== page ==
"Labour didn't so much run our country, as run our country into the ground and once again it has fallen to this party to come in, to clear up the mess and to give our country the leadership she needs."

And he targeted Labour-majority councils over their approach to spending cuts - and the Royal Wedding.

He accused Manchester City Council, which is cutting 2,000 jobs over the next year, of spending too much on their chief executive and going on a "jolly to the south of France" - while praising Conservative-run Trafford Council for saving millions of pounds on "back office" costs and by axing "vanity projects".

"If you want lower levels of council tax and good value for money from your council, if you want to make sure money gets to the front line services, vote Conservative on May 5."

"Don't let Labour do to your local council what they did to our country."

The council has rejected the idea it is wasteful and says £55m of efficiency savings have been made over the past two years and it plans to make a further £96m in the next two. It also says back office services face cuts of 35% - in a move to protect frontline services as far as possible.

And Labour leader Ed Miliband has said his party's election message will be built around "we will be your voice in tough times" - arguing reductions in councils' spending power will hit the poorest areas the hardest and pledging to be the "first line of defence" against government spending cuts.

At his local election launch, Mr Miliband said: "Cuts designed by David Cameron and Nick Clegg are coming direct from Downing Street to your street,"

But Lib Dem leader Nick Clegg told the BBC Radio 4's Today programme on Monday that it was a "complete caricature" to suggest he did not care about public services and said no government could have preceded without making cuts to tackle the budget deficit: "Labour's own deficit reduction plan requires £14bn of cuts to start this month, we are introducing £16bn of cuts."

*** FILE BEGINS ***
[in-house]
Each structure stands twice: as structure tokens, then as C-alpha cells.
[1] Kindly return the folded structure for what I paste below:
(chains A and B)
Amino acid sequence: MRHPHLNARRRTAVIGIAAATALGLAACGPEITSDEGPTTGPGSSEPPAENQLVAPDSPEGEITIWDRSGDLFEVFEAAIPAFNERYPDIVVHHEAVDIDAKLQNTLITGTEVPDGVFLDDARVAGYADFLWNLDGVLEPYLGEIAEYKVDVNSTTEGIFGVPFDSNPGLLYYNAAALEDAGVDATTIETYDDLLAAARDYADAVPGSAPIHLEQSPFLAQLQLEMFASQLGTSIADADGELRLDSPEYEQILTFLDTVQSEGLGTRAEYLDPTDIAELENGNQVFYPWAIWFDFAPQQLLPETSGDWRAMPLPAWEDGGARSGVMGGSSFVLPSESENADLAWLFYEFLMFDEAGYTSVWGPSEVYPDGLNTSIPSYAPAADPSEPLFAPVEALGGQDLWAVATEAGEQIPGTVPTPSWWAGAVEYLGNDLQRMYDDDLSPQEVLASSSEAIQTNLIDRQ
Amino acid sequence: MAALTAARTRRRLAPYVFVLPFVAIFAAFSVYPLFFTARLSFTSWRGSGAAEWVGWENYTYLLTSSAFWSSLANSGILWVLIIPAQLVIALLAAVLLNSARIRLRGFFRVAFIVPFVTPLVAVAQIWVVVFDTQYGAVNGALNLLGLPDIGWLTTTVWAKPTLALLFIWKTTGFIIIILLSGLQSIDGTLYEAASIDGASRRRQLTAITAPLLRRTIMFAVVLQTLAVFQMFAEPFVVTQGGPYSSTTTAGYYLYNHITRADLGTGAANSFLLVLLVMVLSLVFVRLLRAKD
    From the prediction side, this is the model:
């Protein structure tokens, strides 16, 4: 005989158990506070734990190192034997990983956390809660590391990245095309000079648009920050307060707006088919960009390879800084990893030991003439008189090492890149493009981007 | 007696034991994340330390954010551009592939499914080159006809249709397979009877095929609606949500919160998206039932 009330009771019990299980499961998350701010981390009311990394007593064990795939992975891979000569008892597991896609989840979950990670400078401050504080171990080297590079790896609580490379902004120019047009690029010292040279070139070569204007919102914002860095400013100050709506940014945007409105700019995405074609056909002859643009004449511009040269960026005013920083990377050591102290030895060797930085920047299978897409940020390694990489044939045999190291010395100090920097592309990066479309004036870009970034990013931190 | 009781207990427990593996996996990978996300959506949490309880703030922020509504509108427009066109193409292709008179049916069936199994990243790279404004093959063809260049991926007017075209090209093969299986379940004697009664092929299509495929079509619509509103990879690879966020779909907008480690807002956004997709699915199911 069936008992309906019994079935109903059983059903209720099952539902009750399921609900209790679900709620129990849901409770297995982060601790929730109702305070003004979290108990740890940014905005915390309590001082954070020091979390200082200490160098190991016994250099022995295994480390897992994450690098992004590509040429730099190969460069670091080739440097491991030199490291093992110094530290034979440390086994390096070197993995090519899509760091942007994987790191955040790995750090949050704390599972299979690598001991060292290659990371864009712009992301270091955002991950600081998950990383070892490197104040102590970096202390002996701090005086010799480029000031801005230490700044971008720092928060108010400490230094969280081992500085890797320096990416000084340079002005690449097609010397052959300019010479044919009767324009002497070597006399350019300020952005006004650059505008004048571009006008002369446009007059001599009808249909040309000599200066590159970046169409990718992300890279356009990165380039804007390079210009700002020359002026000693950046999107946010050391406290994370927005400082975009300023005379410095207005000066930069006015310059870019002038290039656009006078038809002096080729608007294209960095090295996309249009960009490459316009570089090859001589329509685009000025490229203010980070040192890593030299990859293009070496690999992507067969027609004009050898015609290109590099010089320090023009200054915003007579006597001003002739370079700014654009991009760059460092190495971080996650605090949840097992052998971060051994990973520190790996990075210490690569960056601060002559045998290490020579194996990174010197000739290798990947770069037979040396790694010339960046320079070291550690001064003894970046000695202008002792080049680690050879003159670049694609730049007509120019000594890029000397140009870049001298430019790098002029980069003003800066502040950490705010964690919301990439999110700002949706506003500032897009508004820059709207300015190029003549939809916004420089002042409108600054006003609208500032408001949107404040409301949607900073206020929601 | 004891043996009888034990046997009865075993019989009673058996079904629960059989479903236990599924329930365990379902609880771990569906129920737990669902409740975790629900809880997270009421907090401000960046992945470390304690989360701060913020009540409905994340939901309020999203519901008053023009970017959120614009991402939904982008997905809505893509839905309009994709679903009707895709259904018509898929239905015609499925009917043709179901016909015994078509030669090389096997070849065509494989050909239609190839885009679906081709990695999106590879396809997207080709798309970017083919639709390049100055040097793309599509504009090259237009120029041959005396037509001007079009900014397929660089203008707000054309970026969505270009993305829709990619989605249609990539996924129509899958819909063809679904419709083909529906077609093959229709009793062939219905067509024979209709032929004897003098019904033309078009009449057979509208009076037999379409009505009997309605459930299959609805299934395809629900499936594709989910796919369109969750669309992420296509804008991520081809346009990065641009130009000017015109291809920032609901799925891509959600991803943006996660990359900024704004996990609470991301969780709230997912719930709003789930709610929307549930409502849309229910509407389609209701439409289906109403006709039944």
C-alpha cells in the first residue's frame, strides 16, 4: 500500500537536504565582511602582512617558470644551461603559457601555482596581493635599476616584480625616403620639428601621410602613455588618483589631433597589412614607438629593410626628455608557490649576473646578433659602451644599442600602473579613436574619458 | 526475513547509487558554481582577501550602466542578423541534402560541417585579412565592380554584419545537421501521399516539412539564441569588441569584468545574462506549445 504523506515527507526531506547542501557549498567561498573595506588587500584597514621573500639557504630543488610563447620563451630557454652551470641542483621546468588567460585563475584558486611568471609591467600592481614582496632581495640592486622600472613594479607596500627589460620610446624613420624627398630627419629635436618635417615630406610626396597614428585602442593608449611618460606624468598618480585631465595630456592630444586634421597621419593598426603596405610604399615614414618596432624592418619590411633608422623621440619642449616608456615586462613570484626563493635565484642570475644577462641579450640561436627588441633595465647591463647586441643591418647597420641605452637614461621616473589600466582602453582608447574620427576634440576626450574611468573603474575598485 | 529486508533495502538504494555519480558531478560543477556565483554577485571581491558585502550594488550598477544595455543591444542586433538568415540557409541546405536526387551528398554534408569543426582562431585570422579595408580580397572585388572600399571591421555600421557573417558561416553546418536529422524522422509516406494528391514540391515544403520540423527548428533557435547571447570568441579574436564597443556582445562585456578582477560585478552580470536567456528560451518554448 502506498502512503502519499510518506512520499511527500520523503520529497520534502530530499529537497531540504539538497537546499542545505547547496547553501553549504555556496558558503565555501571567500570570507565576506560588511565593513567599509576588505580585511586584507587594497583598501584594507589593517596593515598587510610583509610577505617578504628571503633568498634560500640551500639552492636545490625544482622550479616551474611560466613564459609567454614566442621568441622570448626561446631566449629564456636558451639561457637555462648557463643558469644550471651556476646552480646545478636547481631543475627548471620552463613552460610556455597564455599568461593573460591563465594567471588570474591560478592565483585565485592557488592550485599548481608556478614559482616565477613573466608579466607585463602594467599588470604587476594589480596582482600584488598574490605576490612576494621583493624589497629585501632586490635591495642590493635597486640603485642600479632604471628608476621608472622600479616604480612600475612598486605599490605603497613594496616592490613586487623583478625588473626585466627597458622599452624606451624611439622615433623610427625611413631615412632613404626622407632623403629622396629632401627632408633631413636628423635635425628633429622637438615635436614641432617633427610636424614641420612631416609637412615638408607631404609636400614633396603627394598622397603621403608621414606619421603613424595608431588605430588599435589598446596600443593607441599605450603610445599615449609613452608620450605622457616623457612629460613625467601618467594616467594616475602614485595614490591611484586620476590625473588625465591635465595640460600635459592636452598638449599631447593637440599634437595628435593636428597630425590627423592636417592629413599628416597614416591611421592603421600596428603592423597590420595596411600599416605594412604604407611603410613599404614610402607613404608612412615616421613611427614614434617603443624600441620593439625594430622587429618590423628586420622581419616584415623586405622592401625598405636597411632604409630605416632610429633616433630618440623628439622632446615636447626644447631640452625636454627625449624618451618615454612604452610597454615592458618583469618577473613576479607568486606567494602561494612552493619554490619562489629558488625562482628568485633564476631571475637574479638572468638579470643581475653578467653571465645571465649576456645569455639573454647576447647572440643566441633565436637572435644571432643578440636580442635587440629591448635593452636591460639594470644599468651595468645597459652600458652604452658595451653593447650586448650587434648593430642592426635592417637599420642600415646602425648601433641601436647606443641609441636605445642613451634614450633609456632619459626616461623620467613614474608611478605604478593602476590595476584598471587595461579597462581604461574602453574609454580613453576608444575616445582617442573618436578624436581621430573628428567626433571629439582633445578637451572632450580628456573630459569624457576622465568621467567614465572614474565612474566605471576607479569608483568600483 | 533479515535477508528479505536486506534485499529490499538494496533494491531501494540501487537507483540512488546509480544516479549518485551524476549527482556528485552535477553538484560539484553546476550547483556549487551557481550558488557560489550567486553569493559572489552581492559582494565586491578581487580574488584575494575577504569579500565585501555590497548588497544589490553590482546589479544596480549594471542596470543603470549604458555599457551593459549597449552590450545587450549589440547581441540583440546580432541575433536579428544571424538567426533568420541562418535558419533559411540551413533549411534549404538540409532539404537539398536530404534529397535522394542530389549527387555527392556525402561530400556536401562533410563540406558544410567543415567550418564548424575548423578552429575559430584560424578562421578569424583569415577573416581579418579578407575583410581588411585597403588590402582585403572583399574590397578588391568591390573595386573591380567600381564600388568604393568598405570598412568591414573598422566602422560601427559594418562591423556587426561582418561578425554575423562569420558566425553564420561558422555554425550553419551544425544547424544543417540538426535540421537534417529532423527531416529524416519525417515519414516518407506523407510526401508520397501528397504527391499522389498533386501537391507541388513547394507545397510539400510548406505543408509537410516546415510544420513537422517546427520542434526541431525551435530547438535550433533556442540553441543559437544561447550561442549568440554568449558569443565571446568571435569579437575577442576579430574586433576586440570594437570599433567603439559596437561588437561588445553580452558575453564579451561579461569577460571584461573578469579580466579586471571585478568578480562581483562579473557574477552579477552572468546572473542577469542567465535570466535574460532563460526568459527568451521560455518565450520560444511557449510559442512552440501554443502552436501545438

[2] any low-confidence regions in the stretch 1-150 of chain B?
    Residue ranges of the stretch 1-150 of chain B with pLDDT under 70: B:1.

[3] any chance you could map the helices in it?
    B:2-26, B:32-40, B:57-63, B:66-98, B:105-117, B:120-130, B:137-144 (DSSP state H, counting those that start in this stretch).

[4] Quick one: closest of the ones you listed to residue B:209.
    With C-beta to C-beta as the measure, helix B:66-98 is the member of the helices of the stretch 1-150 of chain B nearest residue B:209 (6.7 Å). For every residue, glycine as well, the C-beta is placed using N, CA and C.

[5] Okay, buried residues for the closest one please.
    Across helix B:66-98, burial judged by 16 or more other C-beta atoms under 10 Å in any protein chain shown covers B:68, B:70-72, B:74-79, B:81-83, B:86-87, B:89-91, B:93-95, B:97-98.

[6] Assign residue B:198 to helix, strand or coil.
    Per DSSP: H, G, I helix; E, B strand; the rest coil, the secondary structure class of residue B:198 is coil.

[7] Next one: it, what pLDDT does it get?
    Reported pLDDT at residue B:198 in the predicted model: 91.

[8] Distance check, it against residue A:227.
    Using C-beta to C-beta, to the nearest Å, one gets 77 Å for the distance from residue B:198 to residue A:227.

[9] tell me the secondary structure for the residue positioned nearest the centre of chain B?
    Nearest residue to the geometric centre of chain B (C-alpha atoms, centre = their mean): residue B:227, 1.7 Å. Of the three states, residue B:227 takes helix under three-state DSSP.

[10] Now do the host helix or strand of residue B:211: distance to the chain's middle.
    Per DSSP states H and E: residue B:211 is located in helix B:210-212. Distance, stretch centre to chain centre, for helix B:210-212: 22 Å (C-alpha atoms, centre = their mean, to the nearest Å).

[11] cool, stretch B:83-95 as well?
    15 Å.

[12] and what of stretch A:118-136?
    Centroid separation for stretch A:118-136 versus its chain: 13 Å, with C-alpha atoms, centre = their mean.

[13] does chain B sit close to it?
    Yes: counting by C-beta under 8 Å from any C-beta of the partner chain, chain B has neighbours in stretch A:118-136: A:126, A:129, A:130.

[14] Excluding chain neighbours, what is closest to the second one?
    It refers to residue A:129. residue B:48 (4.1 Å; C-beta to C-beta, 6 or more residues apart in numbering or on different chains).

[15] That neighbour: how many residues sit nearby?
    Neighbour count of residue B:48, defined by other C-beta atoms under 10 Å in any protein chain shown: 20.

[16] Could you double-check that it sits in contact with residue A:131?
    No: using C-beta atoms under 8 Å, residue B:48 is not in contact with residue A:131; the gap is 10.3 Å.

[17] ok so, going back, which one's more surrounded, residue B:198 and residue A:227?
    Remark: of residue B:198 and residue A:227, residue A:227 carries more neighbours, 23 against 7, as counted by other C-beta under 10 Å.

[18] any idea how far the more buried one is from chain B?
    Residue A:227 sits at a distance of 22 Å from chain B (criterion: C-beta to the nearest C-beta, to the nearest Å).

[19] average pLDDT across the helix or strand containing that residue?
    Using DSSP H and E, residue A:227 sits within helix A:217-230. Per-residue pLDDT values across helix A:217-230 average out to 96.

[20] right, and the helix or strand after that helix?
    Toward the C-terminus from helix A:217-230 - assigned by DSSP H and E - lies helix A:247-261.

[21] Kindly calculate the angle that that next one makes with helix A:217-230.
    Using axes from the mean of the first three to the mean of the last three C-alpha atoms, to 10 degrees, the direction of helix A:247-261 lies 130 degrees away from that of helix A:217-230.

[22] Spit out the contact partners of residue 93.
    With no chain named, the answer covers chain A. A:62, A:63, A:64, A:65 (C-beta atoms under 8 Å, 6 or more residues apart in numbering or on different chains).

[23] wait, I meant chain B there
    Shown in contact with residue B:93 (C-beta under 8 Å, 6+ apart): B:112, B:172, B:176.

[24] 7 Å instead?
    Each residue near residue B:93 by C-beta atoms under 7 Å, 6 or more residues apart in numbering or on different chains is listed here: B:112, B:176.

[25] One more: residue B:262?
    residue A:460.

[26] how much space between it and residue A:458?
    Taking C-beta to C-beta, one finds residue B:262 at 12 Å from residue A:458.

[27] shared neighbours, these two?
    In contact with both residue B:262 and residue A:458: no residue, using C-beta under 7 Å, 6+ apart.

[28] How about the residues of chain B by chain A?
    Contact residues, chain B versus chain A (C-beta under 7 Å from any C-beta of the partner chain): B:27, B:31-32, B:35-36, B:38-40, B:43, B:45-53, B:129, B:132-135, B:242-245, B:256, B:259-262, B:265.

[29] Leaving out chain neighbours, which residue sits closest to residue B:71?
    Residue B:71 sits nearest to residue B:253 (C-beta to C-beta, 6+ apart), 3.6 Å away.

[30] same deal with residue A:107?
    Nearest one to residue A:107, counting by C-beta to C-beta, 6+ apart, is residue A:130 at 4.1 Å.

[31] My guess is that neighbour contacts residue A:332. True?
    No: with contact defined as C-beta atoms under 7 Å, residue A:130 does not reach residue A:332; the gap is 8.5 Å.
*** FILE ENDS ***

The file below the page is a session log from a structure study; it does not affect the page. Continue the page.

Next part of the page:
He added: "I think when people see by the end of this Parliament that we have done things which were controversial but were necessary in order to set things back on the right track I think people will recognise that we did things with the very best interests of the country at heart."

Mr Cameron also criticised various Labour councils over their handling of street parties to celebrate the Royal Wedding on 29 April - including reports that one had tried to ban music and bouncy castles and another had told one party organiser he would have to "stump up for £5m of public liability insurance".

"This is ridiculous. These pen pushers and busy bodies are completely wrong, they have no right to stop you from having fun and let me put it like this: I'm the prime minister and I'm telling you: If you want to have a street party you go ahead and have one."

Figures released at the close of nominations last week suggest the Lib Dems will see a drop in the number of councillors they are fielding in England - from 63% of seats in 2007 to 59% on 5 May. The Conservatives will contest 93.6% - up from 88.3% while Labour also saw an increase in candidates - notably in the south of the country - from around 60% to more than 71%.